MY POINT IS... In God We Trust

It's an odd quirk of human nature that we are sometimes hard to please. And after three weeks of working at home, I find myself already passing that point.

It's the never-ending battle of having to work or doing things outside when you are restricted to working from home. Although those of us who deal with the public on a daily basis sometimes become frustrated, the actual realization that you really like people is a hard fact to face when you are home alone.

That inability to do the things we are accustomed to doing and the strict recommendations for social distancing have prohibited the lifestyles of most people across the United States as this deadly virus spreads across our nation. We all wish we could be at home when we are at work - until we have to work from home and never have interactions with human beings outside our immediate household.

But despite the frustration and boredom that is defining this isolation period, there have been some positive aspects of this social distancing. There are positives to working at home. I've already counted some savings in gas usage and costs of lunches. Of course, that money has just been going back into the household grocery budget - which is expanding almost as fast as my work-at-home waistline. I can work in my pajamas or sweat pants and sweat shirt, I don't have to spend an hour every morning trying to fix my hair and put on makeup. There's a substantial savings in time and money on that aspect!

Isolation from public gatherings result in more use of social media and telephones as a means to contact and check on family and friends - after you've put in your required work time. It also allows most women to think all day about what is for supper that night - and getting a head start on a regular meal time. Ironically enough, I still find it odd - but fittingly appropriate - that churches and schools are closed but liquor stores still offer drive-through service.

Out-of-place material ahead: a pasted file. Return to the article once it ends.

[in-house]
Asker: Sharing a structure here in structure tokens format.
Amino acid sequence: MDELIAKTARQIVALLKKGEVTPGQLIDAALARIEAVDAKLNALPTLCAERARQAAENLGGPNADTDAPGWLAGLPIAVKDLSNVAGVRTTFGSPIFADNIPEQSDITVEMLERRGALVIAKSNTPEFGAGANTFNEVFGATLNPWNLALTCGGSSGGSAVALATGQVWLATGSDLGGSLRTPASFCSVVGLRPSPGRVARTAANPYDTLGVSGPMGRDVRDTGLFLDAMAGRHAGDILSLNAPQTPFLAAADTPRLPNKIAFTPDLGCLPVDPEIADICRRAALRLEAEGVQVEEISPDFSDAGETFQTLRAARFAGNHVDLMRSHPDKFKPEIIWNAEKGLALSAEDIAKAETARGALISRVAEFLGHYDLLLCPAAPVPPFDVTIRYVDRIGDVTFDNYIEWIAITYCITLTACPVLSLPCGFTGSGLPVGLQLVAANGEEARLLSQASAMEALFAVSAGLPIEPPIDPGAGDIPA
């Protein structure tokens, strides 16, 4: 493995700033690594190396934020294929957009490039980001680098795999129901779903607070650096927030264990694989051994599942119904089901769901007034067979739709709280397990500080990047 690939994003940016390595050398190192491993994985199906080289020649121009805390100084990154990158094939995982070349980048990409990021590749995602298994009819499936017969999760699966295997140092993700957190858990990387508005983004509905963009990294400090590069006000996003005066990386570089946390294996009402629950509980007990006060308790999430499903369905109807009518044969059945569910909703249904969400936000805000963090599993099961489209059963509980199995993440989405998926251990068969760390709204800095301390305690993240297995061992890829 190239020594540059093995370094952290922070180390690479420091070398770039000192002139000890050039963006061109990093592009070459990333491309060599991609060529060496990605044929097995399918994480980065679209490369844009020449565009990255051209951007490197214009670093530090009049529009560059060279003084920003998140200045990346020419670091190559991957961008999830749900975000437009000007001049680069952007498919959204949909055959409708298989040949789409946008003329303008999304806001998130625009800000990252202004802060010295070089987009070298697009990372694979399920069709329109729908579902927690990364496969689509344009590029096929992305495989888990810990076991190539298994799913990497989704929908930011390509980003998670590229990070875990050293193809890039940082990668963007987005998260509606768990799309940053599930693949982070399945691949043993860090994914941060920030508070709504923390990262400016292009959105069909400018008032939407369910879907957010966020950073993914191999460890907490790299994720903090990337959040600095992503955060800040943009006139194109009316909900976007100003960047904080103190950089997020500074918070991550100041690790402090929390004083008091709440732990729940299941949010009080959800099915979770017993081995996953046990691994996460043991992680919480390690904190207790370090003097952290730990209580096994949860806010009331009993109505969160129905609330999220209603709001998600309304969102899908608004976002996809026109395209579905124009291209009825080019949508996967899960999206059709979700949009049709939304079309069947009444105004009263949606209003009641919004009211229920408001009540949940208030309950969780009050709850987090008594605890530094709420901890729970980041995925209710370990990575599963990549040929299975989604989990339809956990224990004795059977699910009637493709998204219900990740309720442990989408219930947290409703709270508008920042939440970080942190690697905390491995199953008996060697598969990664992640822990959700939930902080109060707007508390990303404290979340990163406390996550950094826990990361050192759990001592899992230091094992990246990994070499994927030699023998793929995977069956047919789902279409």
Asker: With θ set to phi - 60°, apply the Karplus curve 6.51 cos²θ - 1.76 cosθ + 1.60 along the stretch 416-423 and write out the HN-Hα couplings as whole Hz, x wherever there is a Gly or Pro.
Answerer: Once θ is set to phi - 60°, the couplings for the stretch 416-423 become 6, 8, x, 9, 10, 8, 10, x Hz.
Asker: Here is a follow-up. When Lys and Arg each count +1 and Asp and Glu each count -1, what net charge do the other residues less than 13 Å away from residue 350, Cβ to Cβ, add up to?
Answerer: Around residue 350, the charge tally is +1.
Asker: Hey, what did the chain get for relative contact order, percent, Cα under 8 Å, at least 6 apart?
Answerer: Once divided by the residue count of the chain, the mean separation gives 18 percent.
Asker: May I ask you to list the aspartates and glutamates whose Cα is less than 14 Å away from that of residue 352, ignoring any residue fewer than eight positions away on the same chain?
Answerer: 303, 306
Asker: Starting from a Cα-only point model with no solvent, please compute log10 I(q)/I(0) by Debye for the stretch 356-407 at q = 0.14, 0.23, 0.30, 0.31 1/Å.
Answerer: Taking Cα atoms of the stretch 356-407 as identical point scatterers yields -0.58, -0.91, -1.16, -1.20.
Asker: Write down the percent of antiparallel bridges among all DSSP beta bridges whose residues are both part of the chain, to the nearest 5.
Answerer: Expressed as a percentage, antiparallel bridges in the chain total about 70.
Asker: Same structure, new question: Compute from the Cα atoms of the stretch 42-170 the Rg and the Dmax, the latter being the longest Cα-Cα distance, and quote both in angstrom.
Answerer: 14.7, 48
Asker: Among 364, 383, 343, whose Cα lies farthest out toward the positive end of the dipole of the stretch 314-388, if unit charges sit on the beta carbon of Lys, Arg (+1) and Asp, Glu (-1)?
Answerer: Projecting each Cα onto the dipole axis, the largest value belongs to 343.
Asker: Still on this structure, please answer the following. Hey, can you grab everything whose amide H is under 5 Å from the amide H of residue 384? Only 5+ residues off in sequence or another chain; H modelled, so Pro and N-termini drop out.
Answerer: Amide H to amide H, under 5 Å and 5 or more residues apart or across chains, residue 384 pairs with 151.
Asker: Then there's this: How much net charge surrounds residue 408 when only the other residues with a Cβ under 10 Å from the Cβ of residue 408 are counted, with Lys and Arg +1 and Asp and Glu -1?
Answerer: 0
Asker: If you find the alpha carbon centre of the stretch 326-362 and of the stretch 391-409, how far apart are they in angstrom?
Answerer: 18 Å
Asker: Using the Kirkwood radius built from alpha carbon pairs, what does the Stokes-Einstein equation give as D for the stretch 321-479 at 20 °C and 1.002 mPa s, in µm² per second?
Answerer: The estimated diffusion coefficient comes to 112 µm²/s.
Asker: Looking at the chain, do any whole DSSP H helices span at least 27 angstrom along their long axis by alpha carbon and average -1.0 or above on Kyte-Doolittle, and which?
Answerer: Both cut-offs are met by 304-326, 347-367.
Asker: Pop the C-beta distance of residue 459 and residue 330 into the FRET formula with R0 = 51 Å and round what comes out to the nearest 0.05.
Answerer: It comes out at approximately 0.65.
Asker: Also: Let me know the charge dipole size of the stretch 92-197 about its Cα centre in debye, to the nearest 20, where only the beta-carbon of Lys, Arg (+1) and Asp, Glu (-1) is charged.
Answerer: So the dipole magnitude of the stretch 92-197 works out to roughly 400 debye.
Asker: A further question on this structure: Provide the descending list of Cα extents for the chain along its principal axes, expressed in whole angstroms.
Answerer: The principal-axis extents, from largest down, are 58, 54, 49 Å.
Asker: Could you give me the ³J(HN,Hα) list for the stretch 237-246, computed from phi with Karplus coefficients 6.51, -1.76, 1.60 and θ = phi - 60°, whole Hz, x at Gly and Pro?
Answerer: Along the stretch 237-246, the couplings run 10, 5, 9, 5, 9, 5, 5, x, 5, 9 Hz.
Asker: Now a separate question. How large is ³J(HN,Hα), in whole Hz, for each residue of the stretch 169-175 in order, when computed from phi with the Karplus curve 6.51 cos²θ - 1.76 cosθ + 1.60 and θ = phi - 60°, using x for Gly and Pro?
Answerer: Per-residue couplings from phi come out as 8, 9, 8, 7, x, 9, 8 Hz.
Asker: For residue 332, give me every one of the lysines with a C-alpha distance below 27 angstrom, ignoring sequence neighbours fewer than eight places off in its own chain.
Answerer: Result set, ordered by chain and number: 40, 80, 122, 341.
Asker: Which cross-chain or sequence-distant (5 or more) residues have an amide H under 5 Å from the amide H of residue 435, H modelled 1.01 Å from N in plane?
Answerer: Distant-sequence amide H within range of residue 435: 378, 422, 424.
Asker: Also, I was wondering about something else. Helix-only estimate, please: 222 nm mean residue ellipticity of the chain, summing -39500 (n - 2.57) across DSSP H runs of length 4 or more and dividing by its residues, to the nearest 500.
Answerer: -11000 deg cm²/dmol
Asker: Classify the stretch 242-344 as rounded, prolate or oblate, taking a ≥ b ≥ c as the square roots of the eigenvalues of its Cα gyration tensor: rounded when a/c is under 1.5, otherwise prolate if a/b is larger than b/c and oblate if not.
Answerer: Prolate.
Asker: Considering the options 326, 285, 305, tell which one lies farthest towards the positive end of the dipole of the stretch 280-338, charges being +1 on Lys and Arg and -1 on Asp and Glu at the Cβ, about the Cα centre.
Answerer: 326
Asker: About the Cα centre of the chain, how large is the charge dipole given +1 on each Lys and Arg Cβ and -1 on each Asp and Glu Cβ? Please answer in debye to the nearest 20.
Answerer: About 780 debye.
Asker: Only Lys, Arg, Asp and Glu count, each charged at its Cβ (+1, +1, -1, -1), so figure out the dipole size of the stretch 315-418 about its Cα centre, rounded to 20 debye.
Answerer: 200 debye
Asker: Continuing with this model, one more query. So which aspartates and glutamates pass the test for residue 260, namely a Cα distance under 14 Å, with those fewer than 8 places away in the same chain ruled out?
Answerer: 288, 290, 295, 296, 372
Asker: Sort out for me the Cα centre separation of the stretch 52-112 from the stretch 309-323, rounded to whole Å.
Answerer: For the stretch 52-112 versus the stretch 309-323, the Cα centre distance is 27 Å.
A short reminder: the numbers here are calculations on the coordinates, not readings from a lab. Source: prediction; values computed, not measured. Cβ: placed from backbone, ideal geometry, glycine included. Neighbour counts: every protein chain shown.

Those of us who have been at home over the past few weeks may have even taken a new outlook on cleaning and organizing. A few of those include the recent discoveries of my own life:

1. Unless I have drastic weight gain/loss, I probably will never need to buy another pair of jeans.

2. It is easier to trim bushes than it is to pick up and dispose of all the limbs.

3. A riding lawn mower traveling over rain saturated ground will spin and get stuck if you don't apply four-wheeling techniques - quickly.

4. Sunshine is a rare commodity in southeastern Kentucky these days and we should soak up every opportunity to enjoy it when we have it.

5. Grape hyacinths, properly known as muscari, make great borders and fillers for flower beds but they will spread everywhere into your yard as well.

6. Technology is wonderful, but reading the newspaper online will never measure up to the "hard copy" printed version. Subscribe today!

7. Unwanted newspaper makes a great ground cover to defer weed growth.

8. You get tired of dealing with people until you aren't supposed to be around people.

9. Being at home is only desirable when you are supposed to be at work.

10. My garden has become a swamp.

11. Although most clothing and accessory stores have closed due to the COVID-19 outbreak, we still have Walmart!

12. I don't care if Stephen Colbert is live, from a remote location or live audience recorded - I still don't like him!

A lifestyle change is often difficult to deal with, but we must take the necessary steps to protect ourselves and others. Be safe, Laurel County! And God Bless America!

Nita Johnson is a staff writer at The Sentinel-Echo. You can contact her at njohnson@sentinel-echo.com.

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